How soon before going to birthing venue? At onset of labor or waiting for active labor to begin vs. going to hospital to be checked and sent home until active labor has begun.
1. Hydration/fluids. During labor will the mom be given water, fruit juice, ice chips or IV fluids? Under what circumstances are certain fluids given only.
2. Labor Positions. The worst position is on your back. Walking during active labor should be encouraged.
3. Others Present. Can husband, siblings and your support team be there the whole time?
4. Vaginal Exam. Who and how often will this exam be performed? Are sterile gloves and sterile lubricant used? (Gloves and lubricant sealed for one time use is prefered).
5. Fetal Heart Monitor. Is this monitoring done internal vs. external? When and how often performed? Will the Doptone (ultrasound) or fetoscope be used? Have I researched the side effects on the developing baby when multiple routine ultrasounds are performed?
6. Pain Relief. Pain relief can come in many forms: relaxation, breathing techniques, changing positions, chiropractic, acupuncture, laboring in water, medications, regional anesthesia (epidural, spinal, etc) or IV drugs.
7. Augmentation of Labor. You may choose to speed up the progression of labor with walking, changing positions or artificial means of medication i.e. pitocin.
Positions. Mother’s choice: on her side, birthing chair/stool, in water, squatting with “squat bar”, on her back with/without stirrups.
Augmentation of birth. Gravity enhanced positions are more effective than prolonged pushing on command on your back. An episiotomy may occur (a surgical cut to the perineal area) for use of forceps or vacuum extractor.
An episiotomy may be avoided through prenatal perineal and birth perineal massage and hot compresses. If an episiotomy is performed discuss local anesthesia, stitches and ice packs after birth.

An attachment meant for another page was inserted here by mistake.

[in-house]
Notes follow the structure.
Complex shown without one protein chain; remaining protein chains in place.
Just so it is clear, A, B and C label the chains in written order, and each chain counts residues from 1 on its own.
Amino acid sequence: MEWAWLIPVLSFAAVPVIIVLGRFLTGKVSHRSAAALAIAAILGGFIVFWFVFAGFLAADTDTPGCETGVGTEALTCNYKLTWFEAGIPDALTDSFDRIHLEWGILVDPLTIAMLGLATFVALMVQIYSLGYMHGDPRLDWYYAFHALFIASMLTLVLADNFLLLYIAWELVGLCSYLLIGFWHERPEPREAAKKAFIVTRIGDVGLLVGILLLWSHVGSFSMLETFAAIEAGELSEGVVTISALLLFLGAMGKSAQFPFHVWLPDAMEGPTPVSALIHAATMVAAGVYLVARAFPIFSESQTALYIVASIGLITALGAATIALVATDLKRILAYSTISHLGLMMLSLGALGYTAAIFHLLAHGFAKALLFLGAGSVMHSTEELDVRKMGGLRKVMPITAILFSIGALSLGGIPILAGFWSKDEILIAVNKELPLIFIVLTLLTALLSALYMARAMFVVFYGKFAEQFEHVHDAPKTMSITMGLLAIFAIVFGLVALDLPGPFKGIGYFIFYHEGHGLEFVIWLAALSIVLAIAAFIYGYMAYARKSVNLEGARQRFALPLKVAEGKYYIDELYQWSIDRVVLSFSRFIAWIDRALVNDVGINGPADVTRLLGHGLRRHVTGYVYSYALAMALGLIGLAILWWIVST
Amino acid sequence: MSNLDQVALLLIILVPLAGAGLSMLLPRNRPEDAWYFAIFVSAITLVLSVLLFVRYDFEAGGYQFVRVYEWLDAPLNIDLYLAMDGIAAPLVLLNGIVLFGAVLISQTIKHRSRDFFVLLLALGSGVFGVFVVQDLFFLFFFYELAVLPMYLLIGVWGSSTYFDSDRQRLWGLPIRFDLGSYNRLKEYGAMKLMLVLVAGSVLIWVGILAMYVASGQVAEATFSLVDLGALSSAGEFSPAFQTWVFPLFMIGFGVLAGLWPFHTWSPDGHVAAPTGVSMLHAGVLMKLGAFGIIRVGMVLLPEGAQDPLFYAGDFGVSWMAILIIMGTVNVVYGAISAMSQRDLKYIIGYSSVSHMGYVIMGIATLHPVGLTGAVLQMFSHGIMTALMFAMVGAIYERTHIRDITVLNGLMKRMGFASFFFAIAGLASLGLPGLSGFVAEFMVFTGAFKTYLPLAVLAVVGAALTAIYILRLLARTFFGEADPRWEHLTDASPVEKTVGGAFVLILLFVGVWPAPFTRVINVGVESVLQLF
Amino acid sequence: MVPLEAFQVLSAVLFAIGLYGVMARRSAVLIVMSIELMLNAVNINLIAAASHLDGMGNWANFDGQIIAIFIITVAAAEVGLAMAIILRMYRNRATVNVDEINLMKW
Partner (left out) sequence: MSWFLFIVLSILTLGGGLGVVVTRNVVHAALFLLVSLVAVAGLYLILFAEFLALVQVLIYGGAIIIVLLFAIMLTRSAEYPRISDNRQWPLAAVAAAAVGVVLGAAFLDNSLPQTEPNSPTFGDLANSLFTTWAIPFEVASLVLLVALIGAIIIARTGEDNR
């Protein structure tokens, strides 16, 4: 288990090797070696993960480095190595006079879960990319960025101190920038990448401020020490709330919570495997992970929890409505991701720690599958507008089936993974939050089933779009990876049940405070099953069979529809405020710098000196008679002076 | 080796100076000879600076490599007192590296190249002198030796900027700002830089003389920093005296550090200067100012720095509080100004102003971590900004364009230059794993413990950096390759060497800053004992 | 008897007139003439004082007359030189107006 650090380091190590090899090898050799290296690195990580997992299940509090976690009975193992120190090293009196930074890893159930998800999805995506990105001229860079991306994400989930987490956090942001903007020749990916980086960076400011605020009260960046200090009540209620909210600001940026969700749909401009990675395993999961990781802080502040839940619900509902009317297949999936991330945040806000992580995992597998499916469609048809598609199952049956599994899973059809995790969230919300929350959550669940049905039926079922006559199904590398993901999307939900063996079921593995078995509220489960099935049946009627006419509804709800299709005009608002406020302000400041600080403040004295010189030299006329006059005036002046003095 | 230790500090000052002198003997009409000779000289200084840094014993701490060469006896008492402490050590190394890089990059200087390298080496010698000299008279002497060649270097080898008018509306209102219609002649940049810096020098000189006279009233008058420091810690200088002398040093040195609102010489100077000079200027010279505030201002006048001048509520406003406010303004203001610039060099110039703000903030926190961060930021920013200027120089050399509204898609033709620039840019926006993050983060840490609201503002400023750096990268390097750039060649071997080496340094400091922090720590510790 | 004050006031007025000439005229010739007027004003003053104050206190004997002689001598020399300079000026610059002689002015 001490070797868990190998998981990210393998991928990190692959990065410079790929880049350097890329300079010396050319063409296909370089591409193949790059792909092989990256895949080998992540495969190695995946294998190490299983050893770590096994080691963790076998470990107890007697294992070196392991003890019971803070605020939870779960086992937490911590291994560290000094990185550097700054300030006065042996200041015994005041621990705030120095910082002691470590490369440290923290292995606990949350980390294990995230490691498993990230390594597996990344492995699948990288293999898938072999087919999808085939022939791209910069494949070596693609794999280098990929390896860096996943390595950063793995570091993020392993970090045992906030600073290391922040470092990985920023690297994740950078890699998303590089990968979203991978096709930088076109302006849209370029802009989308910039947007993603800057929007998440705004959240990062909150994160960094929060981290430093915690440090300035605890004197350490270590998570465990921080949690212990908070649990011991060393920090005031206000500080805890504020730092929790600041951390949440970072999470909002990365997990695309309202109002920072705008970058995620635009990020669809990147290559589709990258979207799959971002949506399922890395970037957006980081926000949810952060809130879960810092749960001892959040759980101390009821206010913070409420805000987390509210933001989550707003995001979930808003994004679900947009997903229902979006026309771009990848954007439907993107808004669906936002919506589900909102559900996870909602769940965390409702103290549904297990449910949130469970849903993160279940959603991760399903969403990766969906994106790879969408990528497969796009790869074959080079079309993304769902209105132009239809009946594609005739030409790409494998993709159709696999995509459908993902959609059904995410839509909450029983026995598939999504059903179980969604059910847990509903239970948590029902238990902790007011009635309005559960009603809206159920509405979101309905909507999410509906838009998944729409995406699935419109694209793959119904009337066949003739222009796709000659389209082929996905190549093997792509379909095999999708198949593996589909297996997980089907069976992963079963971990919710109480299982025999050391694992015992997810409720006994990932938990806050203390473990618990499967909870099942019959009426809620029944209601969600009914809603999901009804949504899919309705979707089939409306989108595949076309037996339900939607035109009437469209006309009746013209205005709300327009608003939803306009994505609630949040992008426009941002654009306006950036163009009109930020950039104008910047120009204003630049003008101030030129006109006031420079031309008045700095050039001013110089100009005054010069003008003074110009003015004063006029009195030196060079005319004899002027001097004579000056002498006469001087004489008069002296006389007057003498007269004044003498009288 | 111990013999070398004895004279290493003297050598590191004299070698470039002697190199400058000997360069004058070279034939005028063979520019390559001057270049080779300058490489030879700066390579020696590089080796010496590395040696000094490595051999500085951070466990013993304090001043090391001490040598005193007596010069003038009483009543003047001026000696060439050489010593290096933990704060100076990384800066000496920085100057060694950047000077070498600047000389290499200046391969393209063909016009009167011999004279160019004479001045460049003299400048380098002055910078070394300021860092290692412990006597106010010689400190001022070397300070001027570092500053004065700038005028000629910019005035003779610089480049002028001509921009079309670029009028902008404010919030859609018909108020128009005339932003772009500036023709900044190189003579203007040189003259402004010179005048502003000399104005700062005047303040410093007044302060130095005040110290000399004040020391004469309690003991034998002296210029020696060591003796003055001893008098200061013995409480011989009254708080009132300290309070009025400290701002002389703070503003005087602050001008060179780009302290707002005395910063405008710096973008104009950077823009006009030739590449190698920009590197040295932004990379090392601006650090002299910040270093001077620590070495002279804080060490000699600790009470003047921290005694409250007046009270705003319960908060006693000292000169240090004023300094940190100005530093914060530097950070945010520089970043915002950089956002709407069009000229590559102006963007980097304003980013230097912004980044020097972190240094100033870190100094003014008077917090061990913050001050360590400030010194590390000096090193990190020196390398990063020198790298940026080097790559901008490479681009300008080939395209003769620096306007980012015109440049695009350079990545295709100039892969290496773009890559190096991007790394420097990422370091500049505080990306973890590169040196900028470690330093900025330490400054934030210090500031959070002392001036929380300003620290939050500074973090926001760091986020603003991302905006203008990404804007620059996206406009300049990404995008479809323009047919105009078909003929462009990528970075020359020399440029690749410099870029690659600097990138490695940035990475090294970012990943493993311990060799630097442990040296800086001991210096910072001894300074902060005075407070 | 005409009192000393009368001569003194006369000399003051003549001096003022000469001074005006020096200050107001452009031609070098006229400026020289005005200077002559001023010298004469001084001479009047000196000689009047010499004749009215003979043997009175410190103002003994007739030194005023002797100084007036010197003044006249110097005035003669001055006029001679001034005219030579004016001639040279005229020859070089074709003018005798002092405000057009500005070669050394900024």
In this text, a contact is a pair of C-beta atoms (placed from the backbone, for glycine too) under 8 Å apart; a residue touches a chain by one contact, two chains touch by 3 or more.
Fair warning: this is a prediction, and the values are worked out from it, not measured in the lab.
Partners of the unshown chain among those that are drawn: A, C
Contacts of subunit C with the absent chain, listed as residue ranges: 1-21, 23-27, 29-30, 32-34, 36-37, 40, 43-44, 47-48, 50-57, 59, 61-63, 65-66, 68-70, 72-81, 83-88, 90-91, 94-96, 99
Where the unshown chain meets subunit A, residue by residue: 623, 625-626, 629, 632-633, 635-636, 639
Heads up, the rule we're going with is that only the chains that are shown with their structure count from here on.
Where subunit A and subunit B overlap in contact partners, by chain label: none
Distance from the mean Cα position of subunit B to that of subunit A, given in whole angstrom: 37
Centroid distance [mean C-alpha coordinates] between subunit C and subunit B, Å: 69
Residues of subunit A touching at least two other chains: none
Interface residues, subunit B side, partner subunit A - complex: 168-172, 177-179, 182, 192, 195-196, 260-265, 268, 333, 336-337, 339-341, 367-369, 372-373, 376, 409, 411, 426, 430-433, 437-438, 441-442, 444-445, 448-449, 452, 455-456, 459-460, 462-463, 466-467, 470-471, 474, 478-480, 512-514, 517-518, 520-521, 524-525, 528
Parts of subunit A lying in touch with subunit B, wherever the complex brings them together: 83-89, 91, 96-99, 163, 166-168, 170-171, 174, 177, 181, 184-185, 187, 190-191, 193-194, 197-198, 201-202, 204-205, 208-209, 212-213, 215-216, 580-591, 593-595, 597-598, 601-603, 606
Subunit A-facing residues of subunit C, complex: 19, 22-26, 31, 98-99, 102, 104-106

Ambiance. Lighting, music, noise level.
Mom’s Chiropractor present.
To ensure the labor progresses naturally. Having mom’s pelvis/ sacrum aligned chiropractically allows for an easier birth through the birth canal for both mom and baby therefore less intervention. If labor halts, her chiropractor would be called in to adjust the spine and pelvis that may have misaligned during the birth process. Studies show pregnant women receiving chiropractic care prenatally have less back labor, use less pain medication and have shorter labors
Chiropractic Care. If would like mom and baby’s spine and nervous system evaluated after birth, let your birth team know.
Cord Cutting. You may choose to clamp and cut the placenta after it stops pulsating (After all the blood has gone into the baby) vs. clamp and cut immediately.
Airway. Your choice to not suction unless necessary i.e.: meconium (the baby’s first bowel movement) present. Ask for a respiratory therapist to evaluate your child.
Warmth. You may choose to keep the baby skin to skin with mother or utilizing a warming table/lamp.
Location of Baby. You may choose that the baby be kept with the mother and nursed/fed as desired (rooming in) or taken to the nursery and kept for newborn care.
Eye Drops. You may sign a waiver stating you do not want drops administered in your baby’s eyes immediately following the birth or ointment administered within one hour.